American journal of sociology. Power plays. American sociological review

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conception of the field. If fields succumb to other fields (i.e. sociology yields to economics, for instance), they risk colonization and absorption.

This exercise reassures me that sociology has a lot to add to these discussions, something that economics and political science will have great difficulty doing. I believe that all institutional theories need a theory of fields based on the differential power of organized actors and their use of cultural tools, and the sociological version is the most compelling.

All institutional theories need a theory of action as well. Rational choice and game theory have produced a stylized model that is attractive and intuitive. I have sketched out what I think part of a sociological alternative is. But this answer remains undeveloped in this context (see Joas, 1996, for a general argument about the importance of the interactionist model). This means there is a lot of work to be done.

In sociology, there has been another reaction to both rational choice theory and more traditional structuralist approaches, one that has been called "a turn towards the cultural", or more radically, "social constructivist". This is usually intended to suggest that all social interaction requires culture and context to make sense. This is often intended as an argument against both structural and rational accounts. But, as I have tried to show, all new institutional theories, including rational choice, view institutions as social and cultural constructs and emphasize context. Indeed, the central agreement of all of the new institutionalisms is the need for both a theory of local structure and action.

Modernity has produced the conditions under which actors can fight back under crisis conditions and produce redefinitions of fields. But it has also meant the production of effective social technologies to stabilize fields and prevent challengers from doing so. A theory that ignores either will have little luck explaining the dynamism of modernity and the unique twists and turns it has taken.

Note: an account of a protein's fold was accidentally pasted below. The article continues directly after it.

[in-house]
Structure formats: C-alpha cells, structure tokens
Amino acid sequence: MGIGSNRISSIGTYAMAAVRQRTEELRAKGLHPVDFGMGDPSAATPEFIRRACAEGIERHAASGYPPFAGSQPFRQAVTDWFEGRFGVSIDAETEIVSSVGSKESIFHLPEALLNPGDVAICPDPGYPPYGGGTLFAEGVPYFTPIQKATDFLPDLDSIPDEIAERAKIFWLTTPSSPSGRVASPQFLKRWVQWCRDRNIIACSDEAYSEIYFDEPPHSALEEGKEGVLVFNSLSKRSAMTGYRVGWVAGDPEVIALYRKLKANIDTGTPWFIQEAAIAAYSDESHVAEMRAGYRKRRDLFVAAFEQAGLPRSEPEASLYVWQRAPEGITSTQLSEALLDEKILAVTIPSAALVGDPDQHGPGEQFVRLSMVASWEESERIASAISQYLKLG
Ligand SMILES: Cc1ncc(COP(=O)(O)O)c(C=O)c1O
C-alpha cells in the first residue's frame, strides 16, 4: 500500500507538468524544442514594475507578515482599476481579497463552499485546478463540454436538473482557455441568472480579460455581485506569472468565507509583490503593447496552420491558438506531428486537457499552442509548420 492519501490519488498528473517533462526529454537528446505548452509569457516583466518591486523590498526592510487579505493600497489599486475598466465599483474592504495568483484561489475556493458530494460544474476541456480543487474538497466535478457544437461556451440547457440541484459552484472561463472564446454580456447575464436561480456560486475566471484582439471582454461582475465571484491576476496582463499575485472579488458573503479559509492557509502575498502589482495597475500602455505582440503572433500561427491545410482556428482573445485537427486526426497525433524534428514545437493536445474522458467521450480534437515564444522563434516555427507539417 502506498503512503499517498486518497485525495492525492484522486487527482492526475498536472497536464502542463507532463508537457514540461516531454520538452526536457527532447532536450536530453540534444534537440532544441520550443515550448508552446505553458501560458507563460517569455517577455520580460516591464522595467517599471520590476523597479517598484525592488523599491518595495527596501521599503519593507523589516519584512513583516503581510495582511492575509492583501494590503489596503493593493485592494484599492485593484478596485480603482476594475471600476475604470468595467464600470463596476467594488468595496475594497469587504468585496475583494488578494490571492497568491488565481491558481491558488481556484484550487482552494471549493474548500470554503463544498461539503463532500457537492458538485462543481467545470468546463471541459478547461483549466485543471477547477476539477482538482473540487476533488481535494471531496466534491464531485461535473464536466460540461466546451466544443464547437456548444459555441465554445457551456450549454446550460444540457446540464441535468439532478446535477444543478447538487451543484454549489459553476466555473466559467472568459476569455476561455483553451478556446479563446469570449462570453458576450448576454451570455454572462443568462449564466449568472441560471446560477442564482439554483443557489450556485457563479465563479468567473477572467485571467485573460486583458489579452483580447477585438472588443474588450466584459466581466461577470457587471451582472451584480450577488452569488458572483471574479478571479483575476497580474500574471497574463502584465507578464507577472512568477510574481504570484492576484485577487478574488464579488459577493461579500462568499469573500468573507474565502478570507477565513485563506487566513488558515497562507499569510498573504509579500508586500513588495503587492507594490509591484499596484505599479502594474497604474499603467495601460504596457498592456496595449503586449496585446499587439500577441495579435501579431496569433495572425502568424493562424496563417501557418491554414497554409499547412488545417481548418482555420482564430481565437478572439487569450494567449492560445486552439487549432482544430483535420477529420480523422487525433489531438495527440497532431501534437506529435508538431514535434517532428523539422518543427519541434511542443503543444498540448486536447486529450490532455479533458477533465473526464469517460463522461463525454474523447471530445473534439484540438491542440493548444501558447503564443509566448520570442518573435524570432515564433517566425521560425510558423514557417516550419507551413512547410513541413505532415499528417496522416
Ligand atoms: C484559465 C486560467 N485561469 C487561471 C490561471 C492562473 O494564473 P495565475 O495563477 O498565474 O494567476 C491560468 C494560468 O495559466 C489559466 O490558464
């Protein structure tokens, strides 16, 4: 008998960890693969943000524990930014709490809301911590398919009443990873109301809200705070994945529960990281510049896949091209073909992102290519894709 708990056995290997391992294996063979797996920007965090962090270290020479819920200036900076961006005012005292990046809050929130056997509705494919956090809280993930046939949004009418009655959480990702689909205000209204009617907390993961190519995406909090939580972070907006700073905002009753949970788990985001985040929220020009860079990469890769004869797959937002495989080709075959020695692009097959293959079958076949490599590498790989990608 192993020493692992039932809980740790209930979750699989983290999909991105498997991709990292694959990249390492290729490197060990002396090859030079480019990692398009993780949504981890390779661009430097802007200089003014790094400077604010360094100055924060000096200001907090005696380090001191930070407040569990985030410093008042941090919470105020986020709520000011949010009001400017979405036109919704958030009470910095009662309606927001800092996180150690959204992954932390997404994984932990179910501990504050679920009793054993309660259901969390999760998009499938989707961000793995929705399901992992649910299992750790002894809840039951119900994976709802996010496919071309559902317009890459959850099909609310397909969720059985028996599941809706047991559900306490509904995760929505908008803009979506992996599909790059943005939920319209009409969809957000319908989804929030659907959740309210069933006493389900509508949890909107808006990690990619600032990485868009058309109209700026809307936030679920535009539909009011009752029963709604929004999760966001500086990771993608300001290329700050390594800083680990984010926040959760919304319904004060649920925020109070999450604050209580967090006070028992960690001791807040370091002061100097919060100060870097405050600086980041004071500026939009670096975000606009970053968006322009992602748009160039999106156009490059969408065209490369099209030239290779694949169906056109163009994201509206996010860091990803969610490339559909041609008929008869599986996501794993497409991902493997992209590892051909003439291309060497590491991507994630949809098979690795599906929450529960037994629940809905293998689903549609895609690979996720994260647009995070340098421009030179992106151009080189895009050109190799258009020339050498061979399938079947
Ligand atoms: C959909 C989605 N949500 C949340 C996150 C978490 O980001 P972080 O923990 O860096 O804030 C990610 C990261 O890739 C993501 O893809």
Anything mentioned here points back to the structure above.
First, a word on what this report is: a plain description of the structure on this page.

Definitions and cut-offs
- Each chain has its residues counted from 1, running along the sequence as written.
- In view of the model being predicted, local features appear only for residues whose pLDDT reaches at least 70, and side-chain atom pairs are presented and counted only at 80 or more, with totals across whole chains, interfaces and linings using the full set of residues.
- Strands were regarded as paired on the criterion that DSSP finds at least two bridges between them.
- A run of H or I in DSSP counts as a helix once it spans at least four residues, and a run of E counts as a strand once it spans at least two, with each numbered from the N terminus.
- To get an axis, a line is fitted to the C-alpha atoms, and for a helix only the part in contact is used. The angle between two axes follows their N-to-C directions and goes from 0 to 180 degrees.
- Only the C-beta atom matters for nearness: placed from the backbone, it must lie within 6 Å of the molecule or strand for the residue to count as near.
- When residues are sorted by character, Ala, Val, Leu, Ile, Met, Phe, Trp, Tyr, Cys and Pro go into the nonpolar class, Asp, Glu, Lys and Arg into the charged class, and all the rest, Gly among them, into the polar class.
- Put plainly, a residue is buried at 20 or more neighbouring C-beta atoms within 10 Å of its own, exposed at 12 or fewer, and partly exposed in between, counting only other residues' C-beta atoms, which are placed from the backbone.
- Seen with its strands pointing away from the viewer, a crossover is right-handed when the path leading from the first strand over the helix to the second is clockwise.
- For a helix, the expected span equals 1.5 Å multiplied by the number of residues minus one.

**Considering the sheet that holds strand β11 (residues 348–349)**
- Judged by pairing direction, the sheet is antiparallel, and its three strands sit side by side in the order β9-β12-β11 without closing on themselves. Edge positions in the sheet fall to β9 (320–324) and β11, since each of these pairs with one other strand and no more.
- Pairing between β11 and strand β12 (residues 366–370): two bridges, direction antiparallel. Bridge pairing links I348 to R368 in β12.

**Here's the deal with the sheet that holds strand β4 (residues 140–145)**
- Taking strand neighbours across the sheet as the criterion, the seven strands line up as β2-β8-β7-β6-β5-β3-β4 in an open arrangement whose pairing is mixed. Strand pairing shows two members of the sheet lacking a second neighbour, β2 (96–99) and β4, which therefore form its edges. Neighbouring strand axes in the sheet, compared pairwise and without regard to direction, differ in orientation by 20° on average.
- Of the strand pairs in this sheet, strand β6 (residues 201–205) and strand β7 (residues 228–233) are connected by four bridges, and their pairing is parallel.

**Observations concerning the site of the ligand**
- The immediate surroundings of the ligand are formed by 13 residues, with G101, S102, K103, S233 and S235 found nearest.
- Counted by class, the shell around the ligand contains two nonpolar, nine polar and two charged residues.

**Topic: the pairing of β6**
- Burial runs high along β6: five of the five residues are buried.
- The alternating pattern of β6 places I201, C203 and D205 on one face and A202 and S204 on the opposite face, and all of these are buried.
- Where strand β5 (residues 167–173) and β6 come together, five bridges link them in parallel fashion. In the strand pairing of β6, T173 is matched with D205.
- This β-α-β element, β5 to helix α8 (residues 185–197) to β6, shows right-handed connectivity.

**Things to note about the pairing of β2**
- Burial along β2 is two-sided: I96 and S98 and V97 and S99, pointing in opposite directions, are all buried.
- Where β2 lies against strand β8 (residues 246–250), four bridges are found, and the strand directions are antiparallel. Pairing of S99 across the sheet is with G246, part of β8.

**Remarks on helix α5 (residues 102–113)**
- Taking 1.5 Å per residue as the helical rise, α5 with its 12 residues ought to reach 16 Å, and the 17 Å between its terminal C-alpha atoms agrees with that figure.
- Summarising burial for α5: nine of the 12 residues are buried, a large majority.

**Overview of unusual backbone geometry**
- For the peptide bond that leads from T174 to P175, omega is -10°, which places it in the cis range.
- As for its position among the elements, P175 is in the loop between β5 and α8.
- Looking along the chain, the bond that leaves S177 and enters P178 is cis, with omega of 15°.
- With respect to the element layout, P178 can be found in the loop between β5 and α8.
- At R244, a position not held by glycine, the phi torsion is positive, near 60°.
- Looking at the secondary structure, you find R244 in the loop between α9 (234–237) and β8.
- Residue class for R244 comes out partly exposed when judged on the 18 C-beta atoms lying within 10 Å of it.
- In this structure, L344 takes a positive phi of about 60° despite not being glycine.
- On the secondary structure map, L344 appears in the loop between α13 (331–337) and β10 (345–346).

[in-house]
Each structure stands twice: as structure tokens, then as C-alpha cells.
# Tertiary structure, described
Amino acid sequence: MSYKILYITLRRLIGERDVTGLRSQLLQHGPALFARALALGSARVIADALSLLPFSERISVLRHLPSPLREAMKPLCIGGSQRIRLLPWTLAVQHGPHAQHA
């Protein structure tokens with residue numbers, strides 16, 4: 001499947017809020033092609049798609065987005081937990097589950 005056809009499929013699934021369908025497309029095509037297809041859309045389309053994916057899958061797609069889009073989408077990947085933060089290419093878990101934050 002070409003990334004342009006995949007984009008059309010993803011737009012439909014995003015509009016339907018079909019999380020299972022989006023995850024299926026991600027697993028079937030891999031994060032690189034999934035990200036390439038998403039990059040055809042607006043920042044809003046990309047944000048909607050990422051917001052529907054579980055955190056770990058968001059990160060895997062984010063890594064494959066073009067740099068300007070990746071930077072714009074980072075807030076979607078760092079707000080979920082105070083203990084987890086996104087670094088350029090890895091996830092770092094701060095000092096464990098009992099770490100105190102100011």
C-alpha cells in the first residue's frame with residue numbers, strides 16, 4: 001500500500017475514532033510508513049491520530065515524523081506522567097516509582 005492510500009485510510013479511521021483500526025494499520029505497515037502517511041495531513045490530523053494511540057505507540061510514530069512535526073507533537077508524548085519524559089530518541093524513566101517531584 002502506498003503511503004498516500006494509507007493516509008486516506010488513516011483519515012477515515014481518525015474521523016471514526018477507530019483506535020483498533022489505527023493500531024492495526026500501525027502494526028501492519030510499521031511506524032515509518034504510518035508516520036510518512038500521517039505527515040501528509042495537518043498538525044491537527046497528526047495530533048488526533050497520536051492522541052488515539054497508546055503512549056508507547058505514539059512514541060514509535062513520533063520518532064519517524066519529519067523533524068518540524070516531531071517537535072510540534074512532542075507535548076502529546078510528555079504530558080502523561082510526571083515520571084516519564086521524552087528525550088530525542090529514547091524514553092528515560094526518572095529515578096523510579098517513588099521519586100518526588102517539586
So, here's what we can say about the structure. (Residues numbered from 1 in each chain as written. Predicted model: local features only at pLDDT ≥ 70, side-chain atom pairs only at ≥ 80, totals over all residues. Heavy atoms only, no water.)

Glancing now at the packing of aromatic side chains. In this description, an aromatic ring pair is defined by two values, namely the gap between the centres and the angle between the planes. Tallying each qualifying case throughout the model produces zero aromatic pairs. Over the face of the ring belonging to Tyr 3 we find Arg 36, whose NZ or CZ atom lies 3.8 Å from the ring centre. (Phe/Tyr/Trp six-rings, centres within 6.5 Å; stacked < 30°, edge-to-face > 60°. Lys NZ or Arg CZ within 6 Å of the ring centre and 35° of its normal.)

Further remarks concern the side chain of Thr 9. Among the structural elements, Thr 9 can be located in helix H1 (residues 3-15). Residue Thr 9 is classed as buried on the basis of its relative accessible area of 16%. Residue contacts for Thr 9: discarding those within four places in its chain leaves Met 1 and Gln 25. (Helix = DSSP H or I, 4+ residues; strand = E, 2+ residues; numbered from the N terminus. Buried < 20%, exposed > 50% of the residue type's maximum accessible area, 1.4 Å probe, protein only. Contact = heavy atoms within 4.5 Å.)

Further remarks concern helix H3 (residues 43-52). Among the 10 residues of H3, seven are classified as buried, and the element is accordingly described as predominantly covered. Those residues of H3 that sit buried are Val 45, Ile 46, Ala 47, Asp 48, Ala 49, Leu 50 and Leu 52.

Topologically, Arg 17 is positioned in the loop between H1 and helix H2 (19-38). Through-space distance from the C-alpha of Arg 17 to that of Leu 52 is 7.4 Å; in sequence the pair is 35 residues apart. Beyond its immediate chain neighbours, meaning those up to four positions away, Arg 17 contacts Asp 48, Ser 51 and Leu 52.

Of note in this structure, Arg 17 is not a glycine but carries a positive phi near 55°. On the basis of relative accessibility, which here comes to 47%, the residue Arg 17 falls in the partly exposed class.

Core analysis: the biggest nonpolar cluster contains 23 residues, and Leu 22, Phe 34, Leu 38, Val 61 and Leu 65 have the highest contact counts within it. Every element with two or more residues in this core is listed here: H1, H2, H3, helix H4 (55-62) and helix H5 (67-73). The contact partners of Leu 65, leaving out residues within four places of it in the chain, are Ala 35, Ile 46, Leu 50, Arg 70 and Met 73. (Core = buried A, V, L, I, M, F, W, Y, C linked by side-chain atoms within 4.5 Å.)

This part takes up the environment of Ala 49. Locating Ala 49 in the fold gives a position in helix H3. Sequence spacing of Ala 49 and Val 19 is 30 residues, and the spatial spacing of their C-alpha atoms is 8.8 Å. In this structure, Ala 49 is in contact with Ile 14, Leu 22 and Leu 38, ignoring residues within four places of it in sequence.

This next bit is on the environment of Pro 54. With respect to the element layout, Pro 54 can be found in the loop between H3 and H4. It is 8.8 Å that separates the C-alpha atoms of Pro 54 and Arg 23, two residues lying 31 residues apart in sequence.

My more panoramic vision of a theory of society built from a theory of institutions is even sketchier than the theory of fields and action. To move this theory along, will require deeper delving into the links between the important organized institutions of modernity, the state, organized politics, social movements, and the economy. The theory of action and fields is a set of evolving practices, a set of myths, and part and parcel of organized social life as we live and experience it every day. We are still at an early stage in discovering it and its effects.


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Axelrod, R. 1984. The Evolution of Cooperation. New York: Basic Books. Bendix, R. 1954. Nation Building and Citizenship. New York: Wiley.

Bourdieu, P. 1977. Outline of a Theory of Practice. Cambridge, Eng.: Cambridge University Press.

-----------. 1988. Homo Academicus. Stanford, ca.: Stanford University Press.

-----------and L. Wacquant. 1992. Invitation to a Reflexive Sociology. Chicago, Il.: University

of Chicago Press.

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